When alternators fail, it's usually the diodes that go. Consider that there are at least six of the hummers in the aft portion of the alternator case (more if you've got a high-current alternator). They are exposed to heat and vibration all their lives. Often, a diode will fail open, which reduces the current capacity of the alternator and will send a nasty whine into the rest of the electrical system. If you get this whine — and note that its pitch will rise and fall with engine speed — it's a good chance you've got a bad diode. (It's worth checking, too, that you aren't chasing magneto noise. In flight — and over the airport if you're squeamish about such things — shut down each mag individually to make certain that you aren't also hearing ignition noise.)
Mechanical disorders can prevent the charging system from doing its job, too. With belt-drive alternators or generators, frequently inspect belt tension and condition. Look for signs of pulley misalignment (one edge of the belt worn more than the other, for example) or advanced wear (such as cords showing through or serious cracking). Gear-driven alternators are a different breed and difficult to inspect. A precautionary measure worth the effort is to remove the alternator at the annual and inspect the drive coupling. These systems are designed with a frangible coupling between the engine and the alternator, in the belief that a seized alternator should not be able to damage the powerplant. Still, it's not uncommon for a major blowup to send pulverized alternator bits through the most expensive mechanism in your airplane. In the event of an in-flight alternator failure, it's probably wise to consider landing quickly to make sure it's something simple like a broken wire, rather than some under-bonnet apocalypse.
What about some of the lesser electrical system maladies? One of the more common concerns erratic ammeter indications — that is usually a sign of resistance built up in the field coil circuit, frequently in the master switch or field circuit breaker.
Many electrical engine instruments will show erroneous readings if the bus voltage is out of spec or if they have a bad ground. This is a persistent problem in the Mooney, for example. Poor ground connections between the shock-mounted panel and the airframe often cause the oil pressure and temperature gauges, fuel indicators, and cylinder-head temperature gauge to reach for the margins. Ironically, as the temps go up, the pressure goes down, just as it would in the case of a real problem. If you see this, have your mechanic double-check the ground or add additional grounding points.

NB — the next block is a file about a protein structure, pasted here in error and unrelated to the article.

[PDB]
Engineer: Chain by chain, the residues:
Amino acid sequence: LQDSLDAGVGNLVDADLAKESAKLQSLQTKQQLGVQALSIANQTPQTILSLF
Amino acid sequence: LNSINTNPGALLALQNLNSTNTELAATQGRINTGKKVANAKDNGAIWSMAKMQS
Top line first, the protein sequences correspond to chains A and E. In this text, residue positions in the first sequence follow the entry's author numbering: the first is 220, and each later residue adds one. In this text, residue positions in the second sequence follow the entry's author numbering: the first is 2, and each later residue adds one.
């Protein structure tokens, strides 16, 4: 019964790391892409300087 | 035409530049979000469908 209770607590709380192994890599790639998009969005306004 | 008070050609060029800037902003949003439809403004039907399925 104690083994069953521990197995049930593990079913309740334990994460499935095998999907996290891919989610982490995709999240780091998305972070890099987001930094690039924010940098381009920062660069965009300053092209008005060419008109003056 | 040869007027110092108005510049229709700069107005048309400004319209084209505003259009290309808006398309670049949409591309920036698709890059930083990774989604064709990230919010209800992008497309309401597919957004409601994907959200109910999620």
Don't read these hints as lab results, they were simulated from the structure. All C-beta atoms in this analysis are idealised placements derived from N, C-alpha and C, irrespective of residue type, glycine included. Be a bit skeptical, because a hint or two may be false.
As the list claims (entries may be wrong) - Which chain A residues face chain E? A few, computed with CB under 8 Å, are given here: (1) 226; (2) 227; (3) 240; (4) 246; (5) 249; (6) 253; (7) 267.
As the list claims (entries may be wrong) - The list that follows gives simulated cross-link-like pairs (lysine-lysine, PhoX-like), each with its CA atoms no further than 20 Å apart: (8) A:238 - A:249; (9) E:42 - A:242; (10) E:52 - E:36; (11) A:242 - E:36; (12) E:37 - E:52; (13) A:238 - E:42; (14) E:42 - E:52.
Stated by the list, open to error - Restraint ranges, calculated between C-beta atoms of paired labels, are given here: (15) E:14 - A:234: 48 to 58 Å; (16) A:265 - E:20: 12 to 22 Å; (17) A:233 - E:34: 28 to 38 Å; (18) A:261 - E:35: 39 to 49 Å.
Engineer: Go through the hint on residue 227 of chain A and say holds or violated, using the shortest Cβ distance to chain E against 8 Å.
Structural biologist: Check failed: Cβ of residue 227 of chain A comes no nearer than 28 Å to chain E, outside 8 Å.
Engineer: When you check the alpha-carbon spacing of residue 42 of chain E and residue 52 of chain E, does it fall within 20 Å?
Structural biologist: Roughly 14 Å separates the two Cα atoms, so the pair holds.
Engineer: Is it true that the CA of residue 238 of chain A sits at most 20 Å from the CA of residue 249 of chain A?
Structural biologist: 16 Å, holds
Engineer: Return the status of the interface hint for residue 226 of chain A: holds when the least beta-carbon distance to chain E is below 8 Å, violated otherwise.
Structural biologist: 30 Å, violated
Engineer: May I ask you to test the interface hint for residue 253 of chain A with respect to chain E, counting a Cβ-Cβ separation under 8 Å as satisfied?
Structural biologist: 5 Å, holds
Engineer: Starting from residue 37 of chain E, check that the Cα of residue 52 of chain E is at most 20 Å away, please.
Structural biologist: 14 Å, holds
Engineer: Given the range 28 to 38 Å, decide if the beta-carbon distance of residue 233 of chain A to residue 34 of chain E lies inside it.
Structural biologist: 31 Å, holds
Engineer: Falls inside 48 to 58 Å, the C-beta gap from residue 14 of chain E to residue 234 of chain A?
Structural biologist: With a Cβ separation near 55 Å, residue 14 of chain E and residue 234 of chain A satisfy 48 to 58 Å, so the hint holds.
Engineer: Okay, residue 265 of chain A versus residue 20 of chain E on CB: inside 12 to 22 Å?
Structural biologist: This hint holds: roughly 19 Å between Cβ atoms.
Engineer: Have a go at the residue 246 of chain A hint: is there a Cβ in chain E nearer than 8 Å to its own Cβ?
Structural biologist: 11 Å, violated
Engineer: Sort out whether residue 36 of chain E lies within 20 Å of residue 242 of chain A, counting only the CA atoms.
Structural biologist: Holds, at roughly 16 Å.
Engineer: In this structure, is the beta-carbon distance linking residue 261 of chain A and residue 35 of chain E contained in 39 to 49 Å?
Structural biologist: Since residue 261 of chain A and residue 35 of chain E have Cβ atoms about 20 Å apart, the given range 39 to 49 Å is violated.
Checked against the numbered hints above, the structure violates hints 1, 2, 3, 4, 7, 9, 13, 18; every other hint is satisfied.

Ineffective ground connections are at the heart of many electrical problems in aircraft. Noisy intercoms are often caused by either poor shielding or by insufficient or incorrect shielding. Microphone circuits, working at low voltage, are susceptible to stray electrical noise.
Finally, understand that wires have a finite life. If your bird is more than a couple of decades old, be prepared for random circuit outages caused by broken, loose, or corroded wires. (This goes double for those airplanes with aluminum wire.) Don't be too surprised if you find a wiring loom or two that goes nowhere and is connected to little more than air. It's a fact of life that many avionics replacements get installed without a thorough removal of the old bits and pieces. Many owners report that it takes substantial effort to strip the old wire from the airframe, but the results — a reliable electrical system — are usually well worth the trouble.
Safety and Education
Safe Flight has developed an icing detector that senses icing conditions before ice develops, allowing pilots to escape.
Veteran airshow pilot Charlie Schwenker was flying slower to help wing walker Jane Wicker get into position on the modified Stearman’s bottom wing.
Many in-flight emergencies arrive with fanfare: annunciator lights, engine sputtering, smoke. Hypoxia may insinuate itself into the cockpit quietly, without the pilot even knowing. In its subtlety lies danger.